The most important thing ...

I Met Jody at KVMR, the community radio station in the Sierra foothills where I had a program for several years. As volunteer DJs, we had to do everything ourselves—from engineering the "board," to cuing up records and CDs, to reading ad copy and public service announcements. My show was an interview format where I talked to local poets and writers about their work. But to become certified at the station, I had to produce, engineer, and host several music programs by myself. And Jody volunteered to train me.

Well over six feet tall, Jody was strikingly handsome. Blondish hair, ruddy cheeks, with intelligent blue eyes always searching for connection with whomever he was talking. When I met Jody, he was living on disability insurance from the state. He had been diagnosed as schizophrenic, and volunteering at the radio station was the most he could handle. He was taxed to the maximum of his threshold for responsibilities and stress. Yet everyone at the station treated him like the professional DJ he aspired to be. He had a music program, and KVMR had become his family.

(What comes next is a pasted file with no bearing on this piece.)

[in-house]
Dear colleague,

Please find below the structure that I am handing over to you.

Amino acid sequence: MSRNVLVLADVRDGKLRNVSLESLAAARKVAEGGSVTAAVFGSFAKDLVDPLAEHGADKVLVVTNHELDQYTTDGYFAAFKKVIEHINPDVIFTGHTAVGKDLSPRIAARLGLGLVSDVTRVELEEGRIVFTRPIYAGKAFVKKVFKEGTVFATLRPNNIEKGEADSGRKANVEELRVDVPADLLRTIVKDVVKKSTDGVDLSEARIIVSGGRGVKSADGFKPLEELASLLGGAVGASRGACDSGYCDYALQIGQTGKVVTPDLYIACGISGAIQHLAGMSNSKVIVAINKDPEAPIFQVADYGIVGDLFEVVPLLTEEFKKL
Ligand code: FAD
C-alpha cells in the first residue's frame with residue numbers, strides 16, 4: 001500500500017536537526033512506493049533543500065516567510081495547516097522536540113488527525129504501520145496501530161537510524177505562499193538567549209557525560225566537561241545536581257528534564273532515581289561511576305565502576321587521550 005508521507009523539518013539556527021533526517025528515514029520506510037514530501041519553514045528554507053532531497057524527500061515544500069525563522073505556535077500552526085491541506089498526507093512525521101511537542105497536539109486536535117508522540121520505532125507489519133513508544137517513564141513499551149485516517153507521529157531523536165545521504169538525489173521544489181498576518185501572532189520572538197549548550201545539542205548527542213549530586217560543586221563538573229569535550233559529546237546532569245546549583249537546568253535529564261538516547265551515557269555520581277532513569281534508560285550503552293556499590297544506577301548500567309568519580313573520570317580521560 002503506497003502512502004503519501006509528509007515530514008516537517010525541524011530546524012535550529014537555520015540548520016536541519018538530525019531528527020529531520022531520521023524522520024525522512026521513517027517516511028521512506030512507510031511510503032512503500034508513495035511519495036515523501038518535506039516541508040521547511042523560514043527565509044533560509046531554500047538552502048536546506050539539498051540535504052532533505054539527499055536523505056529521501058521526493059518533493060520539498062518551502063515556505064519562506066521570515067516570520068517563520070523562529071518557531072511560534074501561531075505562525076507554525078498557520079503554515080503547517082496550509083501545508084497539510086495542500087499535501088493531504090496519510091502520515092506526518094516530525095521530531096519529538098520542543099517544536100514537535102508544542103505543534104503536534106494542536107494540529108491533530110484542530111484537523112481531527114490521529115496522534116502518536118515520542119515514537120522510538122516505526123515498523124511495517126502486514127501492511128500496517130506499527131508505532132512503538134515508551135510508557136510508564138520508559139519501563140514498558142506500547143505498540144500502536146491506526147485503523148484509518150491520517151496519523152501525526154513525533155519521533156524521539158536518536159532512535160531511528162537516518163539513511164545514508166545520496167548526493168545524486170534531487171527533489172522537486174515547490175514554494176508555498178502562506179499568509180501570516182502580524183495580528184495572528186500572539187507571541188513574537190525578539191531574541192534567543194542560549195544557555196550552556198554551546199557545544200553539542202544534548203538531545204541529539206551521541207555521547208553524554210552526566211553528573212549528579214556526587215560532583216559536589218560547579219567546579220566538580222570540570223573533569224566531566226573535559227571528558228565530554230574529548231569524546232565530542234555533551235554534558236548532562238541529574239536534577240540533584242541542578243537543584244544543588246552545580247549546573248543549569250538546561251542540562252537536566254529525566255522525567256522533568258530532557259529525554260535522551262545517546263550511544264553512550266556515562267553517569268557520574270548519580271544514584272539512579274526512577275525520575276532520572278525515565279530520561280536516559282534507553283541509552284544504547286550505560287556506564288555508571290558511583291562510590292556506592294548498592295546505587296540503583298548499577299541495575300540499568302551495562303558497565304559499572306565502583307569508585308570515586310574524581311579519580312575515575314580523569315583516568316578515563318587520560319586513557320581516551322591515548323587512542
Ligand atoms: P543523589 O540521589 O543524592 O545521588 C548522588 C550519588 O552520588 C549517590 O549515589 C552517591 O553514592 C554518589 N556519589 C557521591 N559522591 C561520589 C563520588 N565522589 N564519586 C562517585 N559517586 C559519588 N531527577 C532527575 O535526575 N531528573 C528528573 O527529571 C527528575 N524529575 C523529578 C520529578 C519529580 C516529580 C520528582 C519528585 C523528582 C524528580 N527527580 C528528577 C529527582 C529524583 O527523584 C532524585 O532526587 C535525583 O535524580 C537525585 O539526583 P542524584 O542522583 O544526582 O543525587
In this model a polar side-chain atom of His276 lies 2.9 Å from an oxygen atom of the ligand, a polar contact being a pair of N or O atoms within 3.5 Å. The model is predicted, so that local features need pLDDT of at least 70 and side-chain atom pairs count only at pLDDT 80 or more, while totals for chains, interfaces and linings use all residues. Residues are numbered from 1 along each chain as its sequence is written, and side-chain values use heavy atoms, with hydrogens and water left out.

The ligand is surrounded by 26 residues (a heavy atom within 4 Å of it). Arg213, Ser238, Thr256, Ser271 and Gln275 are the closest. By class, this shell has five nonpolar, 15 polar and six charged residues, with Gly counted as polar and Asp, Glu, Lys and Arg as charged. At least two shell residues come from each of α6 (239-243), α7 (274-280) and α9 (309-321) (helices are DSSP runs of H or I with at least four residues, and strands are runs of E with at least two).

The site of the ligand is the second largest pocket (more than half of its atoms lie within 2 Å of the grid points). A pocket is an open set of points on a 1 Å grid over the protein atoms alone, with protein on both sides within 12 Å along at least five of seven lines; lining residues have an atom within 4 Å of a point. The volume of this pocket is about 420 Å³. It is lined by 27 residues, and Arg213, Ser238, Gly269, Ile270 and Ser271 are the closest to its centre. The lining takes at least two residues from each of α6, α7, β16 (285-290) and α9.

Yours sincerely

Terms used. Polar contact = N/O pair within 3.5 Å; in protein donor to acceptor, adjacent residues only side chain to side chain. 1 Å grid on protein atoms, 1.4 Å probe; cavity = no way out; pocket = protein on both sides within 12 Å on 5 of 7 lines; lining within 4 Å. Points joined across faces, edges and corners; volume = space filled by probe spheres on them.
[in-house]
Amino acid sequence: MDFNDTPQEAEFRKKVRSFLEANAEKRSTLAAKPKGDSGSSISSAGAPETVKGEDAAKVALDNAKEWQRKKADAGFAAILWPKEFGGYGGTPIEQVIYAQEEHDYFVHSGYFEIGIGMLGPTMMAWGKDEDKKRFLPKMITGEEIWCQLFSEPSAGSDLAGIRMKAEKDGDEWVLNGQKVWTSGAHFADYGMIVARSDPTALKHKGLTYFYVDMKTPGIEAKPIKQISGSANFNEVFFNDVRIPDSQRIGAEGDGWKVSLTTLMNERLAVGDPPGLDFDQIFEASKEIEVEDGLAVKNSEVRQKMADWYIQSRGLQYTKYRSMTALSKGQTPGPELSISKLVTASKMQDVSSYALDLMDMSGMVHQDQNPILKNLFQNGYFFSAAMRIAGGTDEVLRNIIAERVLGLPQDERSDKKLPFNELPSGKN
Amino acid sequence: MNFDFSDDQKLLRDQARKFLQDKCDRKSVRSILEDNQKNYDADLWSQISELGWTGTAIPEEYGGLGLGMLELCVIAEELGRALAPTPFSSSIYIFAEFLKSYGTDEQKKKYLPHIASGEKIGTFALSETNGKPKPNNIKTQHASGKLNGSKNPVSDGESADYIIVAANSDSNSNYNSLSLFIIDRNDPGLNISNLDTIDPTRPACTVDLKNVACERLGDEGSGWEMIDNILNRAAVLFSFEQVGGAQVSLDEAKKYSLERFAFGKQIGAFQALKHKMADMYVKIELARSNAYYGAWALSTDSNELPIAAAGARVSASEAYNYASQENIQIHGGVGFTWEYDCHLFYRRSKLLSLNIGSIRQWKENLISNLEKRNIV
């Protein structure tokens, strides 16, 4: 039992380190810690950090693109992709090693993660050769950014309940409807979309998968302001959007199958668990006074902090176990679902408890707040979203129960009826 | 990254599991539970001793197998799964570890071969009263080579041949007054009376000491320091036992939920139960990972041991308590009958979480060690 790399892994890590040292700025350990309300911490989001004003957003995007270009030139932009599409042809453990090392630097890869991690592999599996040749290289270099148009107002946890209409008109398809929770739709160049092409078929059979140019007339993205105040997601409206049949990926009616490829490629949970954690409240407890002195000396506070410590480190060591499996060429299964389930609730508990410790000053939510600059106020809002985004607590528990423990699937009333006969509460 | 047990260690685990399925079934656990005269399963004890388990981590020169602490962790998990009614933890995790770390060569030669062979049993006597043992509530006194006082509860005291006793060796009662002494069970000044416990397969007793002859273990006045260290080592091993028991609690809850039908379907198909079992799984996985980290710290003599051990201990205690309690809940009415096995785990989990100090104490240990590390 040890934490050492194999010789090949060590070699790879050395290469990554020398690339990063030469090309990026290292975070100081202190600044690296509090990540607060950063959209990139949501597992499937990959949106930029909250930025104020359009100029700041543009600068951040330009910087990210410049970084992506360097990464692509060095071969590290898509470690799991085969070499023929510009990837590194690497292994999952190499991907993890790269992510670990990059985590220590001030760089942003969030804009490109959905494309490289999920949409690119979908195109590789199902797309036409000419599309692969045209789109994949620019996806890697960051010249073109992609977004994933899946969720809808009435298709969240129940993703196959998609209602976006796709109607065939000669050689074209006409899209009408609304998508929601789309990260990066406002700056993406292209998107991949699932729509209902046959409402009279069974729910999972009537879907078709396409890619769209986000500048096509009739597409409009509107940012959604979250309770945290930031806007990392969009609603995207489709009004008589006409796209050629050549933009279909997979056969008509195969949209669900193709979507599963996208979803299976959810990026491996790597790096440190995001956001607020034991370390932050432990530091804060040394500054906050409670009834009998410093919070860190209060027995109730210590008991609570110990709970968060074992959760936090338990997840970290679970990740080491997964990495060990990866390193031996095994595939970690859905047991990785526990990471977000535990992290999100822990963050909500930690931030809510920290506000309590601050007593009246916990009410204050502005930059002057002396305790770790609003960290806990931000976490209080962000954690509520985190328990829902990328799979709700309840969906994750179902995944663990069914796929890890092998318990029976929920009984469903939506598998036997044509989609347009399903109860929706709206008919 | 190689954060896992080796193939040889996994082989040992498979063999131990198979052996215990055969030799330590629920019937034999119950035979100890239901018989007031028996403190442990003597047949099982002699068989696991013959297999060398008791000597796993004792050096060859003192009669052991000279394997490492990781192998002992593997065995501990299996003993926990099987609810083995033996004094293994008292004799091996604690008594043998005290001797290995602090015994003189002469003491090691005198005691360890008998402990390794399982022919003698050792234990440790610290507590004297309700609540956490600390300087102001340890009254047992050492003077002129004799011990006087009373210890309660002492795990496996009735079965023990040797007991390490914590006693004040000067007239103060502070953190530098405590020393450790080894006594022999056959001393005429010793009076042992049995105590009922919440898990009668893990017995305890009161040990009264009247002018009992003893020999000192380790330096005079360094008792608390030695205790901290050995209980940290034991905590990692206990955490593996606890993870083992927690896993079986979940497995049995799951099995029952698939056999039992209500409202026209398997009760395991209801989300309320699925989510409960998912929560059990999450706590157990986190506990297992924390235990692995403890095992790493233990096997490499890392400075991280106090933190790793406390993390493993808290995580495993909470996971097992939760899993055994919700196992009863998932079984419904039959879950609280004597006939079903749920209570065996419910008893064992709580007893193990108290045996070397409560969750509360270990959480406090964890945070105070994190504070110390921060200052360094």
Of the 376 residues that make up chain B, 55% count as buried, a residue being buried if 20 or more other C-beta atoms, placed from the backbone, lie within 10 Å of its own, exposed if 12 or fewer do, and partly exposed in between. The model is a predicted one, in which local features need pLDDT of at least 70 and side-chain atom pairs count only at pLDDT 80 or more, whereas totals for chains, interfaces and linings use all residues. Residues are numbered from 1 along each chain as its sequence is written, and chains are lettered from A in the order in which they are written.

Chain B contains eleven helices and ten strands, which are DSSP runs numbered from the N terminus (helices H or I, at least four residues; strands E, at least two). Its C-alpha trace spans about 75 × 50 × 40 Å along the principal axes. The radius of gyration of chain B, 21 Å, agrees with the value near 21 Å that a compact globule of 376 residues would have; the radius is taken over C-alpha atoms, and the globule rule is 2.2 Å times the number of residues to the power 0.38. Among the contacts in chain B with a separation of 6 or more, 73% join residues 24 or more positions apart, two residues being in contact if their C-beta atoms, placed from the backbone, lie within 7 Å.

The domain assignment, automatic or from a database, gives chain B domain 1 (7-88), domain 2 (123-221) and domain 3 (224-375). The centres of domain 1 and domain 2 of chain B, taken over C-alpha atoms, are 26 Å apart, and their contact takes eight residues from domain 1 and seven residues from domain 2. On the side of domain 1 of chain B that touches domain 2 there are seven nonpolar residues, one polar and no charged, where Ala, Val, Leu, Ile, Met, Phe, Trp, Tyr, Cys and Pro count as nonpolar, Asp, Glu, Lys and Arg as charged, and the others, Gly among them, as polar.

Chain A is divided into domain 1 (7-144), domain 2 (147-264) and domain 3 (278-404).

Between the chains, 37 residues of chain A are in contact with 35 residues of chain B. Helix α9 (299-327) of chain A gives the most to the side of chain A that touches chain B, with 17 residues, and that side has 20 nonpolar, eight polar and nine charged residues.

Authority over disease
July 22, 2002

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